In studying the consciousness of the oppressed groups, black women challenge two approaches:
- This approach claims that “subordinate groups identify with the powerful and have no valid independent interpretation of their own oppression.” (Collins, 338)
- This approach assumes that “the oppressed are less human than their rulers and, therefore are less capable of articulating their own standpoint.” (Collins, 339)
What does this mean? The oppressed have an inaccurate consciousness of their own inferiority. They understand the worthiness of the powerful but are not mentally capable or equipped to understand their own oppression. They cannot proclaim their position. They are unable to fully articulate their oppression but they understand how they are defined by society and they accept it for what it is.
According to Patricia Hill Collins, this approach however, is not applicable to the African American woman even though she is amongst an oppressed group. Collins provides us with assimilating views as to how women have a “self-defined standpoint on their own oppression.” Number one, African American women are provided with a distinctive set of experiences allowing them a different view of reality that is otherwise not offered to other groups. Second, these experiences that she talks about stimulate a distinctive black feminist consciousness concerning the material reality.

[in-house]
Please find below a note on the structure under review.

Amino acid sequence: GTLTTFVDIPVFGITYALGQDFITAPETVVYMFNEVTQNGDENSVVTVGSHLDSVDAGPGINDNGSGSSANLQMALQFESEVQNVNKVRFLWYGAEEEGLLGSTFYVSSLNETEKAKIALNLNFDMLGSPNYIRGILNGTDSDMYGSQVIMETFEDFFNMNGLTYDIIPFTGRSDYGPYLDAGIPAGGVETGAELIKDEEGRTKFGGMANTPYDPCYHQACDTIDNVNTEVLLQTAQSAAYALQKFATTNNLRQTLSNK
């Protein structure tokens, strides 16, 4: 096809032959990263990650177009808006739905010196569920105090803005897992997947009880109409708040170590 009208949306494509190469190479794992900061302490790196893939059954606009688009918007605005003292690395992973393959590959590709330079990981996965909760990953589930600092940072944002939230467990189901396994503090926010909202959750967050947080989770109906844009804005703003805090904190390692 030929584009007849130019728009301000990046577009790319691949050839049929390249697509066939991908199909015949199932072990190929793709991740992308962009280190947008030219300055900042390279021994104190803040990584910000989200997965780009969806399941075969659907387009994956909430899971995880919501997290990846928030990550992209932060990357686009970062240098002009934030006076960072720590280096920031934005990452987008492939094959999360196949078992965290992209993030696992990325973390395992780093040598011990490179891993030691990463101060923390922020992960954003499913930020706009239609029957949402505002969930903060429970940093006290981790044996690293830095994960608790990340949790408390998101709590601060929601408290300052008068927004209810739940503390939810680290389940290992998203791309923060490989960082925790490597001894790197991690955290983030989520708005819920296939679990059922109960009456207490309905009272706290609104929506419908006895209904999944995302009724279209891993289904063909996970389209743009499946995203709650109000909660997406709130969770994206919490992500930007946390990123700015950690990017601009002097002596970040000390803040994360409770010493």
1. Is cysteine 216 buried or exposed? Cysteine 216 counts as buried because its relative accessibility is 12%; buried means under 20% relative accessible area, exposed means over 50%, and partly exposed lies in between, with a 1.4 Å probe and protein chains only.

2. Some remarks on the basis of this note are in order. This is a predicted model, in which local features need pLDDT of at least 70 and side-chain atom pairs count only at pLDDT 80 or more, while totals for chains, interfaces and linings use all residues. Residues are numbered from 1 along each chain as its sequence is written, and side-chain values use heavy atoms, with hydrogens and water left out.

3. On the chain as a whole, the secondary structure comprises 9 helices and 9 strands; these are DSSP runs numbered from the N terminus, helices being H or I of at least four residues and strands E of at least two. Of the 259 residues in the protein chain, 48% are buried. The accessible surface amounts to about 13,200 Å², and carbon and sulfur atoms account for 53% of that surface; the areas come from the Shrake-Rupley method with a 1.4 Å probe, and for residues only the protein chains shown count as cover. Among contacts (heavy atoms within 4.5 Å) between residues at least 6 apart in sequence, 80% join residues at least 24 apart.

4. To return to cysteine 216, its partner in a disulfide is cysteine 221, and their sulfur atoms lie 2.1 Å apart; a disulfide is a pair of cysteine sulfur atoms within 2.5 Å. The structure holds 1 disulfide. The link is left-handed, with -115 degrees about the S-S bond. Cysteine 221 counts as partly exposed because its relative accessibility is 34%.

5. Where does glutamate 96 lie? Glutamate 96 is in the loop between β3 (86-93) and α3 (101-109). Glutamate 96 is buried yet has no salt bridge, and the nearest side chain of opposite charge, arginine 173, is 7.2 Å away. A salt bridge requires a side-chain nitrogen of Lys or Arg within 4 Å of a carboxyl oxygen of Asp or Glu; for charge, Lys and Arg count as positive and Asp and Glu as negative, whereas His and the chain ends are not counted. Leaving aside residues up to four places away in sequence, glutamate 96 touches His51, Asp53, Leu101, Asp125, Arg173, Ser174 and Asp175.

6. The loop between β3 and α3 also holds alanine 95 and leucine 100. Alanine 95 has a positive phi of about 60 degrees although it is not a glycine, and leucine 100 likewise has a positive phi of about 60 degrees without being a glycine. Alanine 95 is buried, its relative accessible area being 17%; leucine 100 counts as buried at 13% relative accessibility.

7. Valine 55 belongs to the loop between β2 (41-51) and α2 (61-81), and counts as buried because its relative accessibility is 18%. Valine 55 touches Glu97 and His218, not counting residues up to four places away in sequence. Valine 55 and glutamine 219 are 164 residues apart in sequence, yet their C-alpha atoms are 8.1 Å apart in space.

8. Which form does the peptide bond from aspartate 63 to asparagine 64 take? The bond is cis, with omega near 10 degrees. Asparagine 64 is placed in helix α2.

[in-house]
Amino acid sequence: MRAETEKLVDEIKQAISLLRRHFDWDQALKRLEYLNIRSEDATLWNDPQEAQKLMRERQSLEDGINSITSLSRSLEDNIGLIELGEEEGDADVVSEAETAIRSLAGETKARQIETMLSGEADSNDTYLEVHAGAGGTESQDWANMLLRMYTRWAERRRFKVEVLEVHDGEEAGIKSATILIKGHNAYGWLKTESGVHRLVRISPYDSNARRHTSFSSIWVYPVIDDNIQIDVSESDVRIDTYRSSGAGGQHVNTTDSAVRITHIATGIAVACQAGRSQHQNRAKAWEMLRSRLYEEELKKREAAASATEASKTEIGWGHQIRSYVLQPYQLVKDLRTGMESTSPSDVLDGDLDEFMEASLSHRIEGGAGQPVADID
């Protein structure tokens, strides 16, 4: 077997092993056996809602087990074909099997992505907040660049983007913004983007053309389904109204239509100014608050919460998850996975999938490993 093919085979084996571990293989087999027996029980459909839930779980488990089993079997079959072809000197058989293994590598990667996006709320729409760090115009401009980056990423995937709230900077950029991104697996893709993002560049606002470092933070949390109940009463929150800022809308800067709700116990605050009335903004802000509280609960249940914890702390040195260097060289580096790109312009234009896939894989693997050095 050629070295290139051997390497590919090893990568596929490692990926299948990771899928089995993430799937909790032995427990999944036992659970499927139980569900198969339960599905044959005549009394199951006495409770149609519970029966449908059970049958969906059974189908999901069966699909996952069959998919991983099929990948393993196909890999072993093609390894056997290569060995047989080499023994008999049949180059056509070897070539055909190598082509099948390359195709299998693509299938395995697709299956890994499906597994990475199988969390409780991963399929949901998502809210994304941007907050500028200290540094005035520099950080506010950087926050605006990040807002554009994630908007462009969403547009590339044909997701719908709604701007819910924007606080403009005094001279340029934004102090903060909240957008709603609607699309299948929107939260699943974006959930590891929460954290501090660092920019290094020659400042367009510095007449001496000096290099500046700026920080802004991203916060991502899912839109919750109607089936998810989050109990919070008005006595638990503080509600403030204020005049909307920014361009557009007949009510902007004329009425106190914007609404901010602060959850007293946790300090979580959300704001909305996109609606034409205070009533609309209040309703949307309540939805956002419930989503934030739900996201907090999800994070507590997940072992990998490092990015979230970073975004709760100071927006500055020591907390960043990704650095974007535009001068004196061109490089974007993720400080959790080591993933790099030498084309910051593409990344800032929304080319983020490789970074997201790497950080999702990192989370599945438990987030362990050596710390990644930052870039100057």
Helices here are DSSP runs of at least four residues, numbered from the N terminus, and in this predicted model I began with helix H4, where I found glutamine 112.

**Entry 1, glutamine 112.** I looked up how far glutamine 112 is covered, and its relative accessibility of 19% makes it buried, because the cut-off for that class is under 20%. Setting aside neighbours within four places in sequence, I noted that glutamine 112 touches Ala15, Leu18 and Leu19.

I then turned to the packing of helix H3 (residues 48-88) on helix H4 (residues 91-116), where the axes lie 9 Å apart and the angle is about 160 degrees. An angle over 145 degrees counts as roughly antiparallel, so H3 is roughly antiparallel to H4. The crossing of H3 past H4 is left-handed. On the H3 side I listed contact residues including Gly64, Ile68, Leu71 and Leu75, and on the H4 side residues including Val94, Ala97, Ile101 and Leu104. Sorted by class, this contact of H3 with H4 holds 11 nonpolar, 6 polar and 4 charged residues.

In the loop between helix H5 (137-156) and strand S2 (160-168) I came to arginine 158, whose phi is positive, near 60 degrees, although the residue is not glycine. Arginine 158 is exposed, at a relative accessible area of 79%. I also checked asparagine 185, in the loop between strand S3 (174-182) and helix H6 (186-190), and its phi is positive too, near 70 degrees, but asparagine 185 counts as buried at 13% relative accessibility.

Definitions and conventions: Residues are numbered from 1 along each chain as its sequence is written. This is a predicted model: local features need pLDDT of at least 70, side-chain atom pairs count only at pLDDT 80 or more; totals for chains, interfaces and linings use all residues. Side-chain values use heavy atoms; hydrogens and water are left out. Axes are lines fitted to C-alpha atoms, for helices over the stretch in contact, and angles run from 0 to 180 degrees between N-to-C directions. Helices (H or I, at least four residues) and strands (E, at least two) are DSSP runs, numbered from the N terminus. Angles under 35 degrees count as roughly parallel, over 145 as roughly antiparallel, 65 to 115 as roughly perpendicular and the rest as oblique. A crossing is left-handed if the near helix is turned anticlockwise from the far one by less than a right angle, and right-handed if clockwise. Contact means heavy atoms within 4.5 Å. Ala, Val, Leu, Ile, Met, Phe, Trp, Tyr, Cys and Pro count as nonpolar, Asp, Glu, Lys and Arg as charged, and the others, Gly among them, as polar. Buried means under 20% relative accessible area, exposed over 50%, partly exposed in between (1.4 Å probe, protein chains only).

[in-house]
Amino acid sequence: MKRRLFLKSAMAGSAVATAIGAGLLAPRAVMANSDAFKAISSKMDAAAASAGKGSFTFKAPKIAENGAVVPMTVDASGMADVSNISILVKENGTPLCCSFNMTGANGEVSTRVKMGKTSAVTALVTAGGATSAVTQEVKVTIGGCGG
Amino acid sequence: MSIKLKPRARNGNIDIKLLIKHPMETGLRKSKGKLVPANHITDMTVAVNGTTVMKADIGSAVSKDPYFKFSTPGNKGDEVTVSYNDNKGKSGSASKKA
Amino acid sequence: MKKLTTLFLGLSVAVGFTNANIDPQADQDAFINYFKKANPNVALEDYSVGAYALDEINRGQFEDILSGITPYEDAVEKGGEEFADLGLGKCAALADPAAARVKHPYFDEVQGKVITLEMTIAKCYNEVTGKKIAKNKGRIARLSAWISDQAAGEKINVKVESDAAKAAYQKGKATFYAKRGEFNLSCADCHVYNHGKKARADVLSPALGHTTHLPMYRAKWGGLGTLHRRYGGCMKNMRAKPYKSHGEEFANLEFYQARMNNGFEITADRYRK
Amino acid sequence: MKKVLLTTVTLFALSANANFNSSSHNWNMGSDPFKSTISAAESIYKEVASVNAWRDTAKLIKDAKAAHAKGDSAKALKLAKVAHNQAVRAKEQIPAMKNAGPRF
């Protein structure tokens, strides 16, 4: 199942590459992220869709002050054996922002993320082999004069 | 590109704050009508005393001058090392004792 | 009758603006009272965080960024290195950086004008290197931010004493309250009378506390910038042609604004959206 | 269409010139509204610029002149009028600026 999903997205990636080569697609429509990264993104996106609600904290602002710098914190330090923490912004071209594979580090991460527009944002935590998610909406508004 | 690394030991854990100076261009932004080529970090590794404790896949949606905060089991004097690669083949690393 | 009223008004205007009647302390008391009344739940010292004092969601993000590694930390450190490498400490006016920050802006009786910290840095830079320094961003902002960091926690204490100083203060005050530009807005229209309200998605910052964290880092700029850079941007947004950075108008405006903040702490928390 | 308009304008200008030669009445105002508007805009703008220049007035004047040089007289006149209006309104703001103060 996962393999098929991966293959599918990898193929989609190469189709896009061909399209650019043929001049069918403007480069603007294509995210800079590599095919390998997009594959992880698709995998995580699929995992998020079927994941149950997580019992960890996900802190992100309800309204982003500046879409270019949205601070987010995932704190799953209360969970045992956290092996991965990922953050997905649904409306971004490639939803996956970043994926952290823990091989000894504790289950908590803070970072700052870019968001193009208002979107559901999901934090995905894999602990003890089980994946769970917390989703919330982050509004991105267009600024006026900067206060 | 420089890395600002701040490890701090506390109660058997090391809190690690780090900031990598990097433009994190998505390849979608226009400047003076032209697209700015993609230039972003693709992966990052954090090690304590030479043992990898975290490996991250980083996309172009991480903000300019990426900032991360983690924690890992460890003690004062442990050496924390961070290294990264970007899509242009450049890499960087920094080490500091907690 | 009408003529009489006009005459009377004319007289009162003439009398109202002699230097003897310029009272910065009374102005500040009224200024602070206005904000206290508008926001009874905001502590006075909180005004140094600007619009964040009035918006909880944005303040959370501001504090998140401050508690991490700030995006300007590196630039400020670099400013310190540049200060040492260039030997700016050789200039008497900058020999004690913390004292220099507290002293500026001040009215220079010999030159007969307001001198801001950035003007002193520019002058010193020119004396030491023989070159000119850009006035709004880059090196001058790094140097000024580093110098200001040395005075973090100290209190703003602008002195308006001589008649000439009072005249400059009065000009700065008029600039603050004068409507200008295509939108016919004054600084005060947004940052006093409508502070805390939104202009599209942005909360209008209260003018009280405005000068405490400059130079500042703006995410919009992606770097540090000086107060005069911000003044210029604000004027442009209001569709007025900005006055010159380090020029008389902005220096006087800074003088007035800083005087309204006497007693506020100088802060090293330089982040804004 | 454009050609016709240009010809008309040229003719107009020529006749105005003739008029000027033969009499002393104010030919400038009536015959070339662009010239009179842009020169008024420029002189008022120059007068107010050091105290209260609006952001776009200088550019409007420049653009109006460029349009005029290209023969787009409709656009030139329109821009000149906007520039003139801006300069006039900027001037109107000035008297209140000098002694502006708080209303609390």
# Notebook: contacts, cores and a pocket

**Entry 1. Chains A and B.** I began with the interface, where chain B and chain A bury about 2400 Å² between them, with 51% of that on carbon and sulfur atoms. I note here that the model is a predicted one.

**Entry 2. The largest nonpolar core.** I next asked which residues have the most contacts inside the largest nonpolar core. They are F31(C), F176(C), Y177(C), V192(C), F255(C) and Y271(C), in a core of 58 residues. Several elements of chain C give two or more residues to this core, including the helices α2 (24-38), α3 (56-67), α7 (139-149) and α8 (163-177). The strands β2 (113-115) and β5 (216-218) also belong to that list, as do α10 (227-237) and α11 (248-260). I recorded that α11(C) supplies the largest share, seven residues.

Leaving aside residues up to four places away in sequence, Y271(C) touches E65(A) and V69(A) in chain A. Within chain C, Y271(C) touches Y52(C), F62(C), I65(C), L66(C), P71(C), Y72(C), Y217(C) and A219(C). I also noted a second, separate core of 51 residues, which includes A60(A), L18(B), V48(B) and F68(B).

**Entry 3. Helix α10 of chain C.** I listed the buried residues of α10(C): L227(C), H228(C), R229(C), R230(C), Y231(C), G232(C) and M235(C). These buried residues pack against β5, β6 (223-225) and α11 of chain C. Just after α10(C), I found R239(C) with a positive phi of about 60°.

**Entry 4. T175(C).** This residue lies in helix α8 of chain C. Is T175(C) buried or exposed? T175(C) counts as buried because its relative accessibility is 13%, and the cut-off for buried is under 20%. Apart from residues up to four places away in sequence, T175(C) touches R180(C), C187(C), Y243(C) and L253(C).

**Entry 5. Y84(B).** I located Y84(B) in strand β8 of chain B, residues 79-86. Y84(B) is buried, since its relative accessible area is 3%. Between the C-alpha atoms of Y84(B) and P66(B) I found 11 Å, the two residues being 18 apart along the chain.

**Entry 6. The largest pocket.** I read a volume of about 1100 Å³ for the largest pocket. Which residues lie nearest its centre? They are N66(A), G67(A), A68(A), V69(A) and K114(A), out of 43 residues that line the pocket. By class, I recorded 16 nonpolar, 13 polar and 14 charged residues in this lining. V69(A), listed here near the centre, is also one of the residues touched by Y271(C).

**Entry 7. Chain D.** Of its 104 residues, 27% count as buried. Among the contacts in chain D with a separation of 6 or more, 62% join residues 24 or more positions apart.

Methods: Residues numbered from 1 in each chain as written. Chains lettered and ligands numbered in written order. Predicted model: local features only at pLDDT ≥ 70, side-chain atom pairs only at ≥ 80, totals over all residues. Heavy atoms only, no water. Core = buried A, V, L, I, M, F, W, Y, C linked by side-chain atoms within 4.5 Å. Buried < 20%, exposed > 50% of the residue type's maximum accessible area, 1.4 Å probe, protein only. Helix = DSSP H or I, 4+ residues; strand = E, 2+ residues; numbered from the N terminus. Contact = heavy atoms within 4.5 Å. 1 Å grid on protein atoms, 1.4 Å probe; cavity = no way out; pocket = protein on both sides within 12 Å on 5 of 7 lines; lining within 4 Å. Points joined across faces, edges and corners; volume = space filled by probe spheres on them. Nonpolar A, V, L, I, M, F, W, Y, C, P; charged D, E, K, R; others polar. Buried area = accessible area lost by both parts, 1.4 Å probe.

Black feminist thought corroborates the notion that black women can think independently and provide a different view of their standpoint than the one that is established and defined to us by society. If this consciousness is constantly articulated, then black women will begin to think in an innovative way allowing themselves to be more powerful than ever before and live up to their full potential, while before, the mindset of oppression that was so deeply rooted in their minds before was a deterrent.